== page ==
Despite a company’s claim that it deals only in legal hemp products, in January, a federal court denied the company’s access to relief under the Bankruptcy Code. U.S. Bankruptcy Court Judge Joseph Rosania, Jr., of the District of Colorado, dismissed United Cannabis Corporation’s (UCANN) Chapter 11 bankruptcy filing, a move that could cause concerns for cannabis companies that may be seeking bankruptcy relief, particularly in the midst of a global pandemic.
There was a perception in 2017 when then President-elect Trump took office that white collar enforcement actions under the US Department of Justice (DOJ) might drop dramatically. Many expected the Republican administration to effect policy changes or resourcing decisions that would keep corporations out of the spotlight when it came to major investigations and massive penalties. But, in surveying the last four years, the opposite happened.
On December 3, the SEC adopted Rule 2a-5 under the Investment Company Act of 1940, as amended. Under Rule 2a-5, determining fair value in good faith with respect to what a fund will require: (1) the periodic assessment and management of material risks associated with the determination of the fair value of the fund’s investments,
With the software copyright case Google LLC, v. Oracle America, Inc. now being decided by the Supreme Court after hearing oral arguments on October 7, 2020, software developers and the general public may wonder about the potential impact a decision in the case may have on the tech industry. At stake for the parties are the copyright protections afforded to Oracle’s application programing interface (API) previously used by Google to provide the functionality of Google’s highly popular Android mobile operating system installed on billions of mobile devices worldwide.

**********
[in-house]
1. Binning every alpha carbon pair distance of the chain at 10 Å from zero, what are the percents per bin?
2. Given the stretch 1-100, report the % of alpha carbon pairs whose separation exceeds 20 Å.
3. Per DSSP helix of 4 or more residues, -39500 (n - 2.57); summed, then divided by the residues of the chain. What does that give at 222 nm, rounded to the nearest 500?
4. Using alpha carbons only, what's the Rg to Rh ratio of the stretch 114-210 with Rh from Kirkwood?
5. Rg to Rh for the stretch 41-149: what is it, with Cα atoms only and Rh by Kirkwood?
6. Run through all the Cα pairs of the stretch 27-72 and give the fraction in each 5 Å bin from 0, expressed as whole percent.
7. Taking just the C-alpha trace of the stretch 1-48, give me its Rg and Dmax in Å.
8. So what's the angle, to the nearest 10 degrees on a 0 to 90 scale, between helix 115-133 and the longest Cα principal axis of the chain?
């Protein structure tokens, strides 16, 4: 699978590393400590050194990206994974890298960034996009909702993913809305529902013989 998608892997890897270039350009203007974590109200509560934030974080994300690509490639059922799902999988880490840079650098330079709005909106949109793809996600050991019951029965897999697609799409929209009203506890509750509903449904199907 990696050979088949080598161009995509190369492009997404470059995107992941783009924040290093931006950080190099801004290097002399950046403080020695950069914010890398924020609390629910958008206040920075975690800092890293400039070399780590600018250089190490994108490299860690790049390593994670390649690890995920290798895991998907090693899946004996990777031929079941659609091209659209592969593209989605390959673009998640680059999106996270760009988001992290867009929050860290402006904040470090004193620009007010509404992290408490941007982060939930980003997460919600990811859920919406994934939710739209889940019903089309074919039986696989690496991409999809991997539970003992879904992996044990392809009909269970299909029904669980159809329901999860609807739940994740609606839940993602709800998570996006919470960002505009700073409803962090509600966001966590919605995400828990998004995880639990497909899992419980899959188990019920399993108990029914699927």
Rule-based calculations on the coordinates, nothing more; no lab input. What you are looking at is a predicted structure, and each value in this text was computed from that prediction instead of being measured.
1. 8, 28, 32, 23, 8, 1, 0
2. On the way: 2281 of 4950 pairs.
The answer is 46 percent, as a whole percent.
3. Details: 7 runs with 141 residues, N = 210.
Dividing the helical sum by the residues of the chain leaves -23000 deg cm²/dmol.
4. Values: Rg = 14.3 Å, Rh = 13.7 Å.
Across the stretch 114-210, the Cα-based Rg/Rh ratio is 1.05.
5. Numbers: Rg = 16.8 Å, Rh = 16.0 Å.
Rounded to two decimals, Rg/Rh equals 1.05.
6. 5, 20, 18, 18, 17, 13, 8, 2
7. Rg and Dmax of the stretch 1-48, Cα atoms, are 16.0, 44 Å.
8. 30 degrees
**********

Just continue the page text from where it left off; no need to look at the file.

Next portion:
On October 7, 2020, the Securities and Exchange Commission (SEC) voted to provide much needed clarity to the regulatory status of so-called “finders” who assist small businesses in raising capital. In a 3-to-2 vote, the SEC proposed a Finder exemption to the broker-dealer registration requirements of Section 15(a) of the Securities Exchange Act of 1934 to allow unregistered natural persons, referred to as finders, to engage in certain limited activities to assist issuers in raising capital from accredited investors.
This Month from the Temple Law Center for Compliance and Ethics: Ethics and compliance champions play a critical role in enhancing program effectiveness with technology and personal leadership. A trusted champion can encourage more people to speak up internally, early and often. A human review system in business units and local offices where risks occur is one of the biggest opportunities for an organization.
SEC rules governing accredited investors are designed to protect individual investors from risks that could result from the lack of regulatory oversight associated with unregistered private securities offerings. By expanding the definition of “accredited investor,” the SEC has provided more investors with the opportunity to access alternative investments and given companies, private-equity firms, and hedge funds access to a larger pool of investors.
Under the rule amendments, the SEC significantly revised public company business disclosure rules for the first time in more than 30 years. The amendments were crafted from a proposed rule released in August 2019 that was part of a comprehensive review by the SEC of the disclosure requirements per a study mandated by the JOBS Act.